For success in the exams, students need a mix of skills but one that they particularly benefit from is retrieval practice. Do lots of quizzes regularly and mix up the topics. With InThinking, you can give your students access to the website and then they can do self-test quizzes too. Guide students to read through their notes / textbook after every lesson and advise them about how to become active participants in their learning.
It is essential to link your teaching to real life examples and case studies. The Paper 1 exam is a full length case study and Paper 2 section B questions require the use of examples and case studies.
Try to engage your students in following environmental news stories. Let them do this in whatever way they like, technology preferences move fast and Instagram or tiktok might provide them with engagement. News stories in authoritative newspapers like the Guardian, New York Times, Washington Times but also your local newspapers will probably provide more depth.
If your students are from different countries, help them to find stories that connect them to this country and culture. If you are more locally based, follow the stories locally.
Students will have diverse interests. Not all will be National Geographic subscribers or David Attenborough fans, so have them find out about stories that connect to their interests, e.g. sustainability in fashion or sport. In many schools, there are clubs, such as the Model United Nations, which can be used as sources for the case studies.
Get them sharing these stories with each other and try and keep a record of them. Many teachers see this as key to student engagement. Make following current events part of your classroom culture. You will be surprised how many families tell you that your class is their dinner table / evening conversation.
Read through the assessment criteria and look at examples of individual assessment reports. The IB provides some and there are examples on this site (Grading the Individual Investigation Report). Plan a series of practical activities over your course that help build the skills that students will need (try Building a PSOW to Support Data Analysis). There are a wide variety of types of investigations, ecological, lab based, secondary data and surveys but you don’t have to do them all in your first year. Play to your strengths and that way you can support your students better. As you gain more experience you can add different options for your students.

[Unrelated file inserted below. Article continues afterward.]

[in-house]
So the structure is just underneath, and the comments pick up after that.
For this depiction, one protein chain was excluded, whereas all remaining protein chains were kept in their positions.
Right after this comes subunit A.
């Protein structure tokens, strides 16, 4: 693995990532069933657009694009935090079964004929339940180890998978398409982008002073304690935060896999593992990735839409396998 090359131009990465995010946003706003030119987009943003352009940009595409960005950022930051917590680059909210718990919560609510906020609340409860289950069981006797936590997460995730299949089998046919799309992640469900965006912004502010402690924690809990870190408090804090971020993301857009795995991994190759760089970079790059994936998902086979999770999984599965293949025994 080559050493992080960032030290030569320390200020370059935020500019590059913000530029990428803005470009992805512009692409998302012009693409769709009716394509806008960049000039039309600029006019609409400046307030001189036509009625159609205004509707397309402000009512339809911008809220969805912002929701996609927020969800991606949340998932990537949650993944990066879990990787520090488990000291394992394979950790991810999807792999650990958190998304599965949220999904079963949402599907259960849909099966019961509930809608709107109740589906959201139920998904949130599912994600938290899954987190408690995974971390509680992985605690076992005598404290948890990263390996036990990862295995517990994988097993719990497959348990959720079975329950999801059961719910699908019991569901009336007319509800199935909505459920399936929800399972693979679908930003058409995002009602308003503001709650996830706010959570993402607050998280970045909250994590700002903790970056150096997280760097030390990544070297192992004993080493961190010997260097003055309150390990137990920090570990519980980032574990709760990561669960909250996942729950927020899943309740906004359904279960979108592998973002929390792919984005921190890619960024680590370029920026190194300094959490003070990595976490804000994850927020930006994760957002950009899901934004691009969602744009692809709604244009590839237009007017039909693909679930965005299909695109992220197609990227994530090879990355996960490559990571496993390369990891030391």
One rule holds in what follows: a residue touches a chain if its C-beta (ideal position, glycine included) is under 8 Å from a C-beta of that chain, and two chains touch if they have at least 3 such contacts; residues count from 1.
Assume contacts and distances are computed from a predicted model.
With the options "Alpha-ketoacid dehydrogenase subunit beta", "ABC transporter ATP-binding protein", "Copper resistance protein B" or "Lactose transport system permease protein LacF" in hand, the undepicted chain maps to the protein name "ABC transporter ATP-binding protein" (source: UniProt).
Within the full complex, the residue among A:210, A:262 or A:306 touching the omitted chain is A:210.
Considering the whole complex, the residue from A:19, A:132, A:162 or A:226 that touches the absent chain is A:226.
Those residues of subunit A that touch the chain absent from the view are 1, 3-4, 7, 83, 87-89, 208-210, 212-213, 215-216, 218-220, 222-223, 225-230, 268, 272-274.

Keep it simple too. The investigations don’t need to be very complicated; it is about choosing an environmental context then investigating that context in order to come up with an application or solution.
Practice different parts of the final IA report alongside a practical activity, e.g. when teaching population demographics, practice writing research questions and use secondary data to produce scatter graphs, when teaching ecology, do a lab on productivity and practice analysing the problems with the methodology and suggesting improvements.
Give regular tests using past papers. Make sure your school purchases a subscription to the IB Questionbank. When marking the tests, stick carefully to the markscheme. Don’t be generous. The IB examiners won’t be. Have students use the markschemes and analyse why they lost marks (.
Give each test a different focus, e.g. short answers, essay or a Paper 1 resource book with questions. Over the course of one year you should have covered all the types of questions. Try to give a larger exam modelling the whole of the examination experience at least once a year. Mix up the years and questions if your students have a culture of memorising mark schemes.
If you use a mix of different types of exam questions over the year then you can keep the same grade boundaries over the year and by the end of the year it will balance out. Some teachers raise the grade boundaries for shorter tests but I stick with the IB “normal” grade boundaries where a 7 is about 68%. This works for me. These grade boundaries are published in the subject reports each year.
Thanks to all the ESS Facebook contributors.
Zoe Badcock, Laura Hamilton, Shameek Kumar Ghosh, Radhika Gatade, Daniel Michael, Emma Baxendale, Barbara Bilgre, Karin Hartog-Kroeze, Ginger Link Beach, Michelle Mojzak Housenga, Teddi Bewernitz, Lynne Maree, Ana Teresa Figueroa, Nathan Peter, Satyajit Salgarkar, Sarah Overstreet, Aloa Lamarca Dams, Kara Noonan Stevens, Nigel Gardner, Jane Snell, Sarah Urquhart, Christina Wilson Bowers, Elena Lerner, Martyn Steiner, Kristin Abt, Samantha Richards, Chris Leonhard, Roland SB and Tim Needham who asked for help.